Market Review: “Still the Dog Days of Summer”
Ahmed Tabaqchali, October 9th, 2020.
The contradiction of an increasing USD rate, while USD sales volumes are decreasing, might be explained by jitters as rumours circulate of an imminent IQD devaluation as a solution to the government's struggle to meet its most pressing expenditures that are much higher than its current oil revenues.
Such rumours are routine in a country in which the dissemination of economic updates is poor, and trust in the government is very low, driving perceptions and subsequently fears.
These fears notwithstanding, the 4.1% premium, while high compared to the lows that prevailed for most of 2018-2019, is lower than levels reached during the height of the lockdown when similar fears were making the rounds.
More importantly, the current premium levels are substantially lower than the levels reached at the worst of the last economic crisis in late 2016 as can be seen above.
The rumours of an IQD devaluation are fuelled by the ruling political class' pursuit of a "silver bullet" solution to the country's fiscal crisis.
A pursuit that is resurrected whenever oil revenues decline substantially below expenditures, such as during the current period and in 2014-2016.
The appeal of the devaluation silver bullet is that a weaker exchange rate of the IQD versus the USD would enable the state to meet its IQD expenditures from its USD based oil revenues, resolving the state's fiscal crisis.
However, such a respite is fleeting as prices would soon rise in lockstep with the devaluation, given the country's high dependence on imports to satisfy local consumption, and the inability of local industry to meet this demand.
This in turn would raise the cost of living and lower the living standards of a large segment of the population, leading to the very social discontent that the political class is seeking to avoid.
However, a gradual depreciation of the IQD versus the USD is likely as lower future oil revenues weaken the forces supporting the current exchange rate, and the new government's reform programme gradually unfolds.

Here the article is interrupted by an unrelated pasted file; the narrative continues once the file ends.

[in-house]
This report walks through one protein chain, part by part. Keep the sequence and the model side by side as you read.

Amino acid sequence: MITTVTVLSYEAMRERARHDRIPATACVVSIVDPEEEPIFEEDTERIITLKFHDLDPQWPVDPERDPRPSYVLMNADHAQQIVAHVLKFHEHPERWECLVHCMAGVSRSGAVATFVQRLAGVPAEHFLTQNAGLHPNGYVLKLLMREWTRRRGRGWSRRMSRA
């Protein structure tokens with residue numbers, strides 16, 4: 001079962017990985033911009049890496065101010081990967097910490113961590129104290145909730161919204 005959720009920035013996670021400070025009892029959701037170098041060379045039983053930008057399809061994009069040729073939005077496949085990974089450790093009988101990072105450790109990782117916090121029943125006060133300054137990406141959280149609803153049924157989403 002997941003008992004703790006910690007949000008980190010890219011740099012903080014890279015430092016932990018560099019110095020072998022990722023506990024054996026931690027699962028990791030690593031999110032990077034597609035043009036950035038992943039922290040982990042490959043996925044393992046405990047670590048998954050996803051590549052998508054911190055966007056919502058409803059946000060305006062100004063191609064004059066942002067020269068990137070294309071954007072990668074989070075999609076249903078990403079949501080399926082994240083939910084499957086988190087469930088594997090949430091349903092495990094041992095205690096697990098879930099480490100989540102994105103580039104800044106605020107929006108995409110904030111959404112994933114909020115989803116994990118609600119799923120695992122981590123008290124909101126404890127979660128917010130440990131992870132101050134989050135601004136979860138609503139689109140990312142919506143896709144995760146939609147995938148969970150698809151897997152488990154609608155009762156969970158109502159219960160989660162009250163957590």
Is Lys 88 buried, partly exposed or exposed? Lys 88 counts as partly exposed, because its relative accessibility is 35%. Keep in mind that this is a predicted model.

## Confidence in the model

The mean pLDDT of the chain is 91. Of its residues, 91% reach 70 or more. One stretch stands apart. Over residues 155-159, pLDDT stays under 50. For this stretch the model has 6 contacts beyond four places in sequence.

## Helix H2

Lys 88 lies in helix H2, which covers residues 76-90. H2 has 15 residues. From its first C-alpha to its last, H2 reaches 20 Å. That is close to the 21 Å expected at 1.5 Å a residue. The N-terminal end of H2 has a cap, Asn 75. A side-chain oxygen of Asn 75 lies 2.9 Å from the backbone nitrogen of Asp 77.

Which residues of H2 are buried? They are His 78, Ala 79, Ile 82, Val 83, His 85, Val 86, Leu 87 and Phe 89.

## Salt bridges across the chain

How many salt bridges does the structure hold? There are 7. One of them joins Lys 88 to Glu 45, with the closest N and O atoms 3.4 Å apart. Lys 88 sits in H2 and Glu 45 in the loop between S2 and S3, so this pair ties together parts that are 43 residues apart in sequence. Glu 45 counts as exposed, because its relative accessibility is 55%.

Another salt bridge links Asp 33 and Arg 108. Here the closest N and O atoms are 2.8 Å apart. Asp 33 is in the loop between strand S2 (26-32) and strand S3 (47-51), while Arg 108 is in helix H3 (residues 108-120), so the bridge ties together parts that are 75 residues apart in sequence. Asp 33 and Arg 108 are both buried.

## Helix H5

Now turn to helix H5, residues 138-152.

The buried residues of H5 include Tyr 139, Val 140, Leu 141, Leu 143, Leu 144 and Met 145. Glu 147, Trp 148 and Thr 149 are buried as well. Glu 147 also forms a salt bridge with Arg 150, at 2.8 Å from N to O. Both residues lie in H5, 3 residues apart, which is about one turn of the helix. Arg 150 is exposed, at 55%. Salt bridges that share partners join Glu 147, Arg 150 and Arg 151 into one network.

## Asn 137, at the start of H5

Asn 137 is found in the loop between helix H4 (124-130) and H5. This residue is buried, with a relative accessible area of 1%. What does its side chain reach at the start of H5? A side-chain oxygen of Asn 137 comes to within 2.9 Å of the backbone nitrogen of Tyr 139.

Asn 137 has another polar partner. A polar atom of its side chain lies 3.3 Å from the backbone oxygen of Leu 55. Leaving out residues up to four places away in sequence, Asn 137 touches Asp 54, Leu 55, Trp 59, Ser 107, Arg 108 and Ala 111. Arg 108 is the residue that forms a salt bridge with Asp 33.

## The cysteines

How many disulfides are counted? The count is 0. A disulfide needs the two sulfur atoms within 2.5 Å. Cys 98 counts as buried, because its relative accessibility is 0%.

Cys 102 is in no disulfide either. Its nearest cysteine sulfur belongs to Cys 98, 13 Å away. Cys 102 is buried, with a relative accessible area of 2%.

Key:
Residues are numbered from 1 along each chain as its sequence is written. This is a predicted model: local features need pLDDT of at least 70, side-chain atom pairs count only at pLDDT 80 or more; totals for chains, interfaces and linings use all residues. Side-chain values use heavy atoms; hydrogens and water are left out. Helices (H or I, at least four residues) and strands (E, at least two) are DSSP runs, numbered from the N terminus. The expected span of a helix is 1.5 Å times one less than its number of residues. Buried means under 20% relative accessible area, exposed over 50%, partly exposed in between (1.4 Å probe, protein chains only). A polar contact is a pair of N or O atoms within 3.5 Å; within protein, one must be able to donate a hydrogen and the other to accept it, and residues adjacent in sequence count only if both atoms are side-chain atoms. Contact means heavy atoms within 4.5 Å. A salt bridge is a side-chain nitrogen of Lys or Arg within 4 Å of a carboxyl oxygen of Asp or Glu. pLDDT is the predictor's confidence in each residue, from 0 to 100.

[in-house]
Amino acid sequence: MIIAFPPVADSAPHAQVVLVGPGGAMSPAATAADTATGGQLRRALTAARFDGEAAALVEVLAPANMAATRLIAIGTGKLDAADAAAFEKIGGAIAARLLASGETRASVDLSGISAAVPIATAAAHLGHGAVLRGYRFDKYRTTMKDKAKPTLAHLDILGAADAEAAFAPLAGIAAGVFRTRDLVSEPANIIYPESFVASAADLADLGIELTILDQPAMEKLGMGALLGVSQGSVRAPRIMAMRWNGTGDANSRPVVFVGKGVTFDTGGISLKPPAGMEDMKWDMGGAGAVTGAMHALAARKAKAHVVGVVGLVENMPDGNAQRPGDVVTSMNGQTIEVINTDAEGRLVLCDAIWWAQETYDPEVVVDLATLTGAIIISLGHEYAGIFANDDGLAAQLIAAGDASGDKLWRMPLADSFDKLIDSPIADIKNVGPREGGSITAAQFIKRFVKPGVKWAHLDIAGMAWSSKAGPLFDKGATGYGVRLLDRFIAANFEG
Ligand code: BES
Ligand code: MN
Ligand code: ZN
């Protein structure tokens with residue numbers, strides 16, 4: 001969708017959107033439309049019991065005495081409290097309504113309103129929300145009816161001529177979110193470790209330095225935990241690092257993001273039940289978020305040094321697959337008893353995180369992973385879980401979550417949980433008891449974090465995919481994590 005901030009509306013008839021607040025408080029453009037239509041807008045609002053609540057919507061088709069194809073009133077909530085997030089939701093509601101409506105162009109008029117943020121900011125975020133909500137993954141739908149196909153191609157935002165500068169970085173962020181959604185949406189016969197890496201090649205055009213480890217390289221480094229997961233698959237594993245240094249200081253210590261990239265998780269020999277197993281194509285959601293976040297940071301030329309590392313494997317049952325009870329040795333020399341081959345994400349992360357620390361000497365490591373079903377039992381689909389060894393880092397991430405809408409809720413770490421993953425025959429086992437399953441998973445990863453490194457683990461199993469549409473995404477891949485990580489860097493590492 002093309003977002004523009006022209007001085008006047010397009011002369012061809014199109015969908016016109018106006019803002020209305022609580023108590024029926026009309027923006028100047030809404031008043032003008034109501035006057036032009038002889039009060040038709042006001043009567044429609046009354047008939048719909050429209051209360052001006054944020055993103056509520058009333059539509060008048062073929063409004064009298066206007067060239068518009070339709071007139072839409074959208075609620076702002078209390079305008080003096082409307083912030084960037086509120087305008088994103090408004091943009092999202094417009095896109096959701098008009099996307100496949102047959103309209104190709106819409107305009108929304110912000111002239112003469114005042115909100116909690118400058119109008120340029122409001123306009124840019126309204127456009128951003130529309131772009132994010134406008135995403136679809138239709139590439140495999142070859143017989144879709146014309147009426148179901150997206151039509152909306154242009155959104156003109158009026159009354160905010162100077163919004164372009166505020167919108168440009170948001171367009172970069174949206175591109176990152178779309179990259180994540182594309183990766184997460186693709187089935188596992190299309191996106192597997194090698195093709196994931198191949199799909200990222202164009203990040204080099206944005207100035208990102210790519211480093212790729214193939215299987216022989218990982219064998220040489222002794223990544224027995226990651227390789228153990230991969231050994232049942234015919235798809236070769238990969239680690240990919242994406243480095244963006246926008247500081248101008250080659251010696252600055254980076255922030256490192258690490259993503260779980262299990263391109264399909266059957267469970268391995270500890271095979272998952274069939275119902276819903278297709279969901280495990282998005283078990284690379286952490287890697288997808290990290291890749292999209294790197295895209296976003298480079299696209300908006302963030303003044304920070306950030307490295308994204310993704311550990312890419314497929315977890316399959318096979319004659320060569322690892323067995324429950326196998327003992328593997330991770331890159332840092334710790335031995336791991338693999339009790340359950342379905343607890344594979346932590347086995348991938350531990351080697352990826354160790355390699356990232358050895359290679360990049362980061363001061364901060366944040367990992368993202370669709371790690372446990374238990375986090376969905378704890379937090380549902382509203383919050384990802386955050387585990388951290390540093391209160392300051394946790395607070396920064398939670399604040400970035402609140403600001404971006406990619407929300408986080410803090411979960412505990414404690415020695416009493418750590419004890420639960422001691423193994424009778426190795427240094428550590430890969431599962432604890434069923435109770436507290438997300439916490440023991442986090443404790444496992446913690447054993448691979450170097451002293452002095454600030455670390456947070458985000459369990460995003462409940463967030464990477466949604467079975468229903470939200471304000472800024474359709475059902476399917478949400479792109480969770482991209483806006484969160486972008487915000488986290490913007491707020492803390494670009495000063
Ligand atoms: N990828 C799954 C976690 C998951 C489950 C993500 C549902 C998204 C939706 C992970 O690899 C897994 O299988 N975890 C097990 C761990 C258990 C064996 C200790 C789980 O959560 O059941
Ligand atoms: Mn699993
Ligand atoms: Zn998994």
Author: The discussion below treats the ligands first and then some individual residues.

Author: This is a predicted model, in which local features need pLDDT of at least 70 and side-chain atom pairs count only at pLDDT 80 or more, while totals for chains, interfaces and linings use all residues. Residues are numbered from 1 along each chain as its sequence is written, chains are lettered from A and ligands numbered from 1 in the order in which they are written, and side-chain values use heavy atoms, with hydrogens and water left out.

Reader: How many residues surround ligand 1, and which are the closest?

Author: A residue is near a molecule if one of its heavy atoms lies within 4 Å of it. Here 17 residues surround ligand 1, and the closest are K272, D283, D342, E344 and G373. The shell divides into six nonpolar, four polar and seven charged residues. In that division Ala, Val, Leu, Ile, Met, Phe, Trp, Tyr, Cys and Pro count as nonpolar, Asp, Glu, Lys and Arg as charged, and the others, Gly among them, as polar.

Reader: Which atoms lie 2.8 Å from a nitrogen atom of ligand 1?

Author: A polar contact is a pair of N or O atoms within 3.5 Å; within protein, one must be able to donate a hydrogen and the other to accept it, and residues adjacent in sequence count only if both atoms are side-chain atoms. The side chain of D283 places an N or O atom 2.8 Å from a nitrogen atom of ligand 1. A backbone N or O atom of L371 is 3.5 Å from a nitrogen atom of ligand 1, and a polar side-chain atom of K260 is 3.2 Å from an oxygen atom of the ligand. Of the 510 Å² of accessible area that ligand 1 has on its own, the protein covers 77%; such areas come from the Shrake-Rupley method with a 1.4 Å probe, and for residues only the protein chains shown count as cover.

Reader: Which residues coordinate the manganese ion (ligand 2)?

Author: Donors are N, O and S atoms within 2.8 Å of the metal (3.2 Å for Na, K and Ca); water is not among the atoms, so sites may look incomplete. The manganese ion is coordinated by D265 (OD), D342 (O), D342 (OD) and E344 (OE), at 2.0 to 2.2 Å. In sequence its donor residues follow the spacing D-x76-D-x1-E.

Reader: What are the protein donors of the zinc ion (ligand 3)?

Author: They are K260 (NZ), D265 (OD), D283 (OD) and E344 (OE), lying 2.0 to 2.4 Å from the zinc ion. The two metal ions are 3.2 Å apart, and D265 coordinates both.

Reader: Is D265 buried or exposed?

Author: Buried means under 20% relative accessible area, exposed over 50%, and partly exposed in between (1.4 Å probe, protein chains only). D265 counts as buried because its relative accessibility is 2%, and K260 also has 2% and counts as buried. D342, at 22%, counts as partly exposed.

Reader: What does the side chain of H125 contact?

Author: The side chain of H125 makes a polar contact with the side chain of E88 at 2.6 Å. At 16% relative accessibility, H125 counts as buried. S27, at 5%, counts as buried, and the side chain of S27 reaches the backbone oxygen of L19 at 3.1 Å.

It was argued in "Revisiting the Iraq Thesis, Five Years Later" that:
"The dilemma for the government is that on the one hand, the basic governing equations of Iraq's political system - which largely allowed the political elite to maintain their oversized influence on economic policies - are still in force, and as such the elite will likely derail real reforms that threaten their interests; while on the other hand the rolling economic crisis means that alternative proposed stop-gap measures will not work for long and so reforms are unavoidable in the end.
A way out is in pursuing reforms that will yield real economic dividends, yet at the same will not threaten the elite's interests.
The first of these are the low hanging fruit, ignored during the years of oil aplenty, of measures that will allow the private sector to grow, supported by an unconstrained commercial banking sector and unhindered by government bureaucracy"
The private sector's growth, supported by the reform programme, will take time, measured in years not months, to grow sufficiently enough to satisfy local demand for goods and services.
A more competitive exchange rate, in particular versus the country's largest trading partners, would support and accelerate this development.